3. I have been out on not one, but TWO Tinder dates since posting about Project Tinder. One of them was great, the other one was the worst nightmare I’ve ever had while awake. More on that in a coming post. Trust me, you’ll want to read all about that one…
  4. I am totally behind on my reading schedule because of the aforementioned bad awful Tinder date… Basically, I fell off the bandwagon on everything because I was so shaken up by that situation… I also went back to ingesting sugary stuff… In essence, the March intentions are almost all completely smashed. :( But you know, whatever.
  5. I paid off a GIANT credit card! I had $1000 left on one that I’d been carrying a balance on since 2010. I also closed that account in 2010 because I couldn’t afford the regular monthly payments… The company agreed to lower my payments if I closed the account; so I had a credit card with a nasty balance that I couldn’t even use. FINALLY paid that b***h off! And you know what? Once my dollars transfer into my account in a couple of days, I’m going to pay off another one that is sitting at $1875. Paying down credit card debt never felt so liberating and painful all at the same time. (That’s a lot of money I would have preferred to use elsewhere, you know?)



  6. I went back to book club and invited the ladies to join me for a food project I’m working on for the city. We ate at a buffet/steakhouse until we were about to explode and then walked to the nearby river and played a hilarious game of Cards Against Humanity. Not surprisingly, I won. (I’m truly a terrible person on the inside…)
  7. It’s officially spring in SK and my allergies that I always try to ignore are kicking in, full-swing. I had BKFF take me to a doctor this morning because the last two nights, I’ve been waking up. Ugh, it’s gross and I’m semi-miserable. Yuck, yuck, yuck. At least the cherry blossoms are beautiful, though!
  8. I started taking a Korean class again and it is way more challenging this time around than it was last time. The teacher is using a different book series (which I don’t really care for….) and she doesn’t speak English in the class except when I ask a question and need clarification. She is really sweet and high-energy, which is good because I need someone exciting to keep me awake; but most of the time I have no idea what’s going on… She speaks so fast. I figure the challenge is a good thing, but sometimes I ask myself why the hell I signed up for the class in the first place…
  9. I’ve been questioning whether or not leaving Korea next year is the right move for me… In some ways, I am ready to go home and be there for a while. However, on the other hand, I keep thinking how great it would be to have just one more year to save now that I don’t have all that credit card debt hanging over my head. I’ll never have another opportunity to live like this again, most likely – to have such low living costs and the ability to see this part of the world. I read yet another “wanderlust-y” article today on Wander Onwards that inspired me to change my plans again, so, here I am, considering change… The next step in my plan seems so close, and yet, I’m not sure if I want this part to end yet… I’m sure more on this will come up soon.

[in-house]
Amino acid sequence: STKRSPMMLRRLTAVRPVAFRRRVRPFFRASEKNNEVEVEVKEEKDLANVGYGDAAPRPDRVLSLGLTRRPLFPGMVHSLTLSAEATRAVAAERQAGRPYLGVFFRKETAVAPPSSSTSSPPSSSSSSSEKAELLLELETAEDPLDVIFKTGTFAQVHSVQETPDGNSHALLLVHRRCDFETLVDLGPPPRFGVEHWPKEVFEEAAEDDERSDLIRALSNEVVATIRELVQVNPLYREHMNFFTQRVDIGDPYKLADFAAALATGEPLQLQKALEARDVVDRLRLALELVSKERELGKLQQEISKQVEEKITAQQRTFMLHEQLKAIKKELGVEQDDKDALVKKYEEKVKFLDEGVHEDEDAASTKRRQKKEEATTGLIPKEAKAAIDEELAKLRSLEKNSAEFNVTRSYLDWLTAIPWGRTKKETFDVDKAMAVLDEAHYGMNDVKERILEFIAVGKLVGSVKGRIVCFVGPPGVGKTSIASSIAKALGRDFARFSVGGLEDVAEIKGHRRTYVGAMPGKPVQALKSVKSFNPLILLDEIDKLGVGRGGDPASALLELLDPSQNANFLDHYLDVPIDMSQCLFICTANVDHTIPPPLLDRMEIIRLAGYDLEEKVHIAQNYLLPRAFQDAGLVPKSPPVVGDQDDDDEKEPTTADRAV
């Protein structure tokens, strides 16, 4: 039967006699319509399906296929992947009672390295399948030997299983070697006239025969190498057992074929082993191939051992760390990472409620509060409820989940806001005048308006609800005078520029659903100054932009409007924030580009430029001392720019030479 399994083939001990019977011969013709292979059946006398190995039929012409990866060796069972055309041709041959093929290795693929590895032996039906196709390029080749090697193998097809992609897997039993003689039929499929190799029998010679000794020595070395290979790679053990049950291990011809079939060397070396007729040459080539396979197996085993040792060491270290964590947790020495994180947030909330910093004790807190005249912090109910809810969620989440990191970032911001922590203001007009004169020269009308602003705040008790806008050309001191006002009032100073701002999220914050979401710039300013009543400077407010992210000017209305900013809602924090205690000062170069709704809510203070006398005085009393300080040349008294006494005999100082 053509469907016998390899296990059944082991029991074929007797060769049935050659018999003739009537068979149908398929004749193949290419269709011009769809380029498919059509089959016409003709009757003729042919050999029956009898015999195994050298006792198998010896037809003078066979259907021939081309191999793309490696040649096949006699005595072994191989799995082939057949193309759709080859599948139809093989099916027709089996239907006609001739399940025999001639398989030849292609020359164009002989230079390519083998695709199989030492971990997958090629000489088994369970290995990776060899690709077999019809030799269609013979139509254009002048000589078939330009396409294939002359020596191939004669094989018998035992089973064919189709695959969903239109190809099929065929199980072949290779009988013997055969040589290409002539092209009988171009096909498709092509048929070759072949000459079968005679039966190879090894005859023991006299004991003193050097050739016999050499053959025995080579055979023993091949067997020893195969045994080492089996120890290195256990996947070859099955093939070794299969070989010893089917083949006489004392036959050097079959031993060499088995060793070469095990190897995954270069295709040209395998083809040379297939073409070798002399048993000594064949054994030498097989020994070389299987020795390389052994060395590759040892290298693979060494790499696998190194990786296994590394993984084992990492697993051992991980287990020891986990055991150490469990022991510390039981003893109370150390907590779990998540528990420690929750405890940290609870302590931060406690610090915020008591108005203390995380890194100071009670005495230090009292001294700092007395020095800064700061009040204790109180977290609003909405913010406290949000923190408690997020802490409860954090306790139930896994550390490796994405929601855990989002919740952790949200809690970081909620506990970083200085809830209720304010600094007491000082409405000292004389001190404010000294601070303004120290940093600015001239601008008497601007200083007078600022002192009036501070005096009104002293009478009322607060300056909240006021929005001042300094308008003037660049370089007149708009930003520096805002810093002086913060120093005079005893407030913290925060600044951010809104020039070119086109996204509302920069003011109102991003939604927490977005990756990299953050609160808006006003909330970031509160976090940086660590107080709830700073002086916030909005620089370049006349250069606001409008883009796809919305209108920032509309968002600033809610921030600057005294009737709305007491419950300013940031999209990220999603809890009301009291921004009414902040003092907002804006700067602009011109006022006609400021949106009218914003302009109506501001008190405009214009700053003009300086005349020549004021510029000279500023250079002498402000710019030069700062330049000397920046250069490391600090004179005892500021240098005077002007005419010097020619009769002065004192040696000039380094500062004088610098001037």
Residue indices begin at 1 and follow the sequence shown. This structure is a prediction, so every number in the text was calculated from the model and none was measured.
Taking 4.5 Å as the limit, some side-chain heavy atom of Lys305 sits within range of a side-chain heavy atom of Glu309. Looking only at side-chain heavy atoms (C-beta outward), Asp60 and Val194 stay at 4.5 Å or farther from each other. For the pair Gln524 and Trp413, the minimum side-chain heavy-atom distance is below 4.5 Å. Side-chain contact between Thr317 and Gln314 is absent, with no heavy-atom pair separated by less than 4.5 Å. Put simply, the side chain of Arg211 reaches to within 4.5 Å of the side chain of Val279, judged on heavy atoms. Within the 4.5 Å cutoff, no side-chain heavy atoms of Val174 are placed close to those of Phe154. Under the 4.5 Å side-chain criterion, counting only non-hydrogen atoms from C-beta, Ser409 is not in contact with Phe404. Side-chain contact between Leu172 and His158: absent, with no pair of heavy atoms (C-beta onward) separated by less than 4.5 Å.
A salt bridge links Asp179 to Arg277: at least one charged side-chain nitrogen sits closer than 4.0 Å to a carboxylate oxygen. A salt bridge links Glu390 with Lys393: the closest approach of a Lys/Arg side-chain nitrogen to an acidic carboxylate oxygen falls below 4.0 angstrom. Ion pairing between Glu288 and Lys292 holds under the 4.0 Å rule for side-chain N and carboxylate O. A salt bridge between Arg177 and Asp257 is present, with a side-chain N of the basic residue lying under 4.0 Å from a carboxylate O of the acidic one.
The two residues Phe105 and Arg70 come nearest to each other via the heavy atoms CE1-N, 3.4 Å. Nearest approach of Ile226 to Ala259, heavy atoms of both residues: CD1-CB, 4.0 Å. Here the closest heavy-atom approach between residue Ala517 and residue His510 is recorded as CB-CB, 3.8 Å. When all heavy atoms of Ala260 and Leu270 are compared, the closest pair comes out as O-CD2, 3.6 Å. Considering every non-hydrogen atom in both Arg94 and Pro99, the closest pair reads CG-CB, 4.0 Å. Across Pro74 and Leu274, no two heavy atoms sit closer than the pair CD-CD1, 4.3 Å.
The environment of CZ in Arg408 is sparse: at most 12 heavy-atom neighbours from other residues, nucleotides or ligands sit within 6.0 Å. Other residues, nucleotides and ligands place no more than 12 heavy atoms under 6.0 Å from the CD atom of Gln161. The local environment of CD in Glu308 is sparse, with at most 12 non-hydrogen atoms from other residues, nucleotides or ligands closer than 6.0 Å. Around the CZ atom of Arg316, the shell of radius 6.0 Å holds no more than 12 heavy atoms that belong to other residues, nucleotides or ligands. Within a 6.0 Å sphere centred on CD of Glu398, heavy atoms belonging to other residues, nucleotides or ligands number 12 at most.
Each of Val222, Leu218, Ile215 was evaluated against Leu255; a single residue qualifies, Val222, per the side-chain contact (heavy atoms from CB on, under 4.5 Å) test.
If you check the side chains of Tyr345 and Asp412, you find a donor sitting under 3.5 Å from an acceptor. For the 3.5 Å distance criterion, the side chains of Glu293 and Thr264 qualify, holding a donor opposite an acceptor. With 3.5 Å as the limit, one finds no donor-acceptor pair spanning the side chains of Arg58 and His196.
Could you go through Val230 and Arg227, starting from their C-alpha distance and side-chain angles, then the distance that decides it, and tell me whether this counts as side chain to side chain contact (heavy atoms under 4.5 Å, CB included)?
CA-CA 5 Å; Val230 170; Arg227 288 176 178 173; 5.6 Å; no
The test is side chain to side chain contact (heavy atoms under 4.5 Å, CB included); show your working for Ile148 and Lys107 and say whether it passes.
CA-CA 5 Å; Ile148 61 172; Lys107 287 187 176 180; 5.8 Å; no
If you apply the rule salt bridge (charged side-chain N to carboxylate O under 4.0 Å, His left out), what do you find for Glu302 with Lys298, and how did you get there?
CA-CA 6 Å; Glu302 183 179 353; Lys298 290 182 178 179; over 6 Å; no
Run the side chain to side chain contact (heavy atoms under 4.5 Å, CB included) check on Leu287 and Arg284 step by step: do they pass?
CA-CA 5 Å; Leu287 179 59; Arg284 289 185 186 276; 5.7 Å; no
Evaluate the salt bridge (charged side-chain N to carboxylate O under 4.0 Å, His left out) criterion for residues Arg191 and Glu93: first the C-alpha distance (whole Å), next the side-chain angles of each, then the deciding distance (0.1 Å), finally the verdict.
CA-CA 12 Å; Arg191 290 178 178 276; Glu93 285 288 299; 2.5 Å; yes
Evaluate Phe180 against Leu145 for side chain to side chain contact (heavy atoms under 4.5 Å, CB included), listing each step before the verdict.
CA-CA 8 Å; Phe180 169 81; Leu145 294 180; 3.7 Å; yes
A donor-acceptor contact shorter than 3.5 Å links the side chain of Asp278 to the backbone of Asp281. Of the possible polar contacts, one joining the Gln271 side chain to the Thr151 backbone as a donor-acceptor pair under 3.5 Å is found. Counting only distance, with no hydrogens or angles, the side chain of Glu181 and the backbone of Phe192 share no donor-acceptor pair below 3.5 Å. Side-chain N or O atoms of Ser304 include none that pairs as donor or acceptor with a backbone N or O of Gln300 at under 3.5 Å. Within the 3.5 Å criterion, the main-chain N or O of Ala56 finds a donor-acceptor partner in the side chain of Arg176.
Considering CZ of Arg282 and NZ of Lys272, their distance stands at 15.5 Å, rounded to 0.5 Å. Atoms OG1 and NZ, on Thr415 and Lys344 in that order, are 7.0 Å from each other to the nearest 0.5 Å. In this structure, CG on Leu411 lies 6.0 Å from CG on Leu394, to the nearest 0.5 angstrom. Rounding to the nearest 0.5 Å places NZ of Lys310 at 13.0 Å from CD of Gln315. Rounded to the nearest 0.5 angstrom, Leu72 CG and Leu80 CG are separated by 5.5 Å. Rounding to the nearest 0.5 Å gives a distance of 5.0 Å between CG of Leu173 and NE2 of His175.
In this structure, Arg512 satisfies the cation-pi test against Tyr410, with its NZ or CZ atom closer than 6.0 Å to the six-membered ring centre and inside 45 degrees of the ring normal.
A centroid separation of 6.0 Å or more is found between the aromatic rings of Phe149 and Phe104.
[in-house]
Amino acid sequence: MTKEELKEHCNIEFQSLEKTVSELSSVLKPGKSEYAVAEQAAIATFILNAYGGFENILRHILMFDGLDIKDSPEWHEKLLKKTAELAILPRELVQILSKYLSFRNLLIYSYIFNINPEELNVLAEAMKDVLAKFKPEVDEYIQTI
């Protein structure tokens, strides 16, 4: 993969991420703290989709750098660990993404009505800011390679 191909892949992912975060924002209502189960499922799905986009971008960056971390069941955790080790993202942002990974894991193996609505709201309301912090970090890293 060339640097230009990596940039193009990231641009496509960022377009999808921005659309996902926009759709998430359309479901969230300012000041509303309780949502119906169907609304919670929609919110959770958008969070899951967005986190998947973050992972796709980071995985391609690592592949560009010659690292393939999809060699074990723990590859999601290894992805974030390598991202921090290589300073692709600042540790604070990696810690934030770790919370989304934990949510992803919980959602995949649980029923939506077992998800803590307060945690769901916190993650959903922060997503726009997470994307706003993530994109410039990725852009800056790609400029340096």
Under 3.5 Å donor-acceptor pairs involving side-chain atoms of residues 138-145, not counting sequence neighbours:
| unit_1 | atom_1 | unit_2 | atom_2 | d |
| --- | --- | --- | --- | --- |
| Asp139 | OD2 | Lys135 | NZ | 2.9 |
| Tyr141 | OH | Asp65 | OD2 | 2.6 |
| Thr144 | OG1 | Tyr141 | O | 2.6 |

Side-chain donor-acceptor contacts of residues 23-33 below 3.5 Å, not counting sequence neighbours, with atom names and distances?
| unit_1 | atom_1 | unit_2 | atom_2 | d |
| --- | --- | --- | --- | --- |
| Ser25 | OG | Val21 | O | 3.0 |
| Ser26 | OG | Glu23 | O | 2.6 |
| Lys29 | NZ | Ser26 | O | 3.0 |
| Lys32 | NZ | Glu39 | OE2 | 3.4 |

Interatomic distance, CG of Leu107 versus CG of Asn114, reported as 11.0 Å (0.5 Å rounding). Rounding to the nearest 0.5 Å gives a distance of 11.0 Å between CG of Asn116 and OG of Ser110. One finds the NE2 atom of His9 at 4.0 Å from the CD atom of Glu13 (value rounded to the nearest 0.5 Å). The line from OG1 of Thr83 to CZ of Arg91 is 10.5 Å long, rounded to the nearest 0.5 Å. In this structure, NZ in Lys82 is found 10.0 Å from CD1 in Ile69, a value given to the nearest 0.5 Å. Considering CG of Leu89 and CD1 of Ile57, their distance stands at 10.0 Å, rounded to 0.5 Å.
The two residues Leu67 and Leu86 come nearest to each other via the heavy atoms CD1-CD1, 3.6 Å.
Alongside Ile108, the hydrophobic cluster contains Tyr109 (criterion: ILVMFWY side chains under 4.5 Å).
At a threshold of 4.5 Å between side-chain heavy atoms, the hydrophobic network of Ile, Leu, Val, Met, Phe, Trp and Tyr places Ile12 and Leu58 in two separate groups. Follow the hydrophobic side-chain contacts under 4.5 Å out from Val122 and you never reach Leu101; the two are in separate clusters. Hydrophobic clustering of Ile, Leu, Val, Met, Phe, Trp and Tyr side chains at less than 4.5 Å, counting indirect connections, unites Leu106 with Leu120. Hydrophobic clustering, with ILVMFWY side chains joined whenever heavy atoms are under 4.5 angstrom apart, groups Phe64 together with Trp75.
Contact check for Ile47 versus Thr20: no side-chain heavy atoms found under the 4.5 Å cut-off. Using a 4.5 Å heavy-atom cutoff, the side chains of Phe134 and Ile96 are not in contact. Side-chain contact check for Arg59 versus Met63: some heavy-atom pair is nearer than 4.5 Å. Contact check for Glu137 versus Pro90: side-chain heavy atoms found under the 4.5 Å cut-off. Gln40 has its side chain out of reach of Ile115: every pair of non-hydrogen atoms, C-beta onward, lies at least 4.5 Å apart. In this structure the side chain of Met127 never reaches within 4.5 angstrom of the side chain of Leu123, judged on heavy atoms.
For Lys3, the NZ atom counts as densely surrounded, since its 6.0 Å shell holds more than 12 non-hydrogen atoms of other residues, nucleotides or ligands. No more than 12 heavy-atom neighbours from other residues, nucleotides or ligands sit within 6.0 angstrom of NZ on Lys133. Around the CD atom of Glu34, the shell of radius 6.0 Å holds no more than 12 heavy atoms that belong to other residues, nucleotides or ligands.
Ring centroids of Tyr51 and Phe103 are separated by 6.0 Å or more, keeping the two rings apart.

10. I’m currently in the process of getting a Korean drivers license so KBFF and I can make a pilgrimage to the new IKEA Korea. She’s never been and I truly believe she needs to be subjected to the awesomeness that is the maze of IKEA. Plus, I really want a lamp and they’re crazy expensive here.

So there you have it. Ten things to get you quickly updated on where things are with yours truly. I promise that I’m going to be back with you regularly, twice a week, from here on out. Sorry I was gone for a while, Reader. I had to recuperate from that Tinder date and my schedule just went crazy for a while. I’m so glad we’re getting back together – I really missed you!


Enough about me… How have you been?! I hope to hear from you in the comments!

project tinder… a “real life” science experiment…

Happy Tuesday, Reader! Let’s get down to business.

Lately, I’ve been taking notice of what “search terms” randomly lead people to my blog and apparently, something along the lines of “Tinder in Korea” is a big one. I’m here to tell you that if you found this blog that way, Tinder works in Korea. But enough about that. Let’s move on to what this post is really all about.

Several months ago, I was introduced to Tinder. I was immediately hooked. And I realized quickly after I started swiping faces left and right that it was more of a game to me. Let me explain.

First, if you’re not familiar with Tinder (maybe you’ve been living under a rock, or somehow don’t have regular access to internet, or you live in North Korea), it’s a rather simplistic “dating” app. Well, it’s more of a “hookup” application, if we’re being really honest. Basically, you set up a VERY limited profile about yourself – you can add up to six photos and write a “blurb” that’s around 500 characters. You can also link your Facebook account to show similar interests to other users who also link their FB profiles. You choose your search parameters – age, gender, and the maximum radius for a search. Once you’ve done all that, you’re ready. The application “scans” within your preferred radius and you’re suddenly presented with up to six photos of potential “matches.” The beauty of the system is that you’re allowed to be completely shallow and the other person will never know. If you like what you see, you “swipe” the photo to the right. If you’re not so enthused, you “swipe” to the left. If you and another user both “swipe” each other right, it’s a match! Simple as that.

Now that we’ve had our lesson, let’s get back to the meat of this [very one-sided] conversation.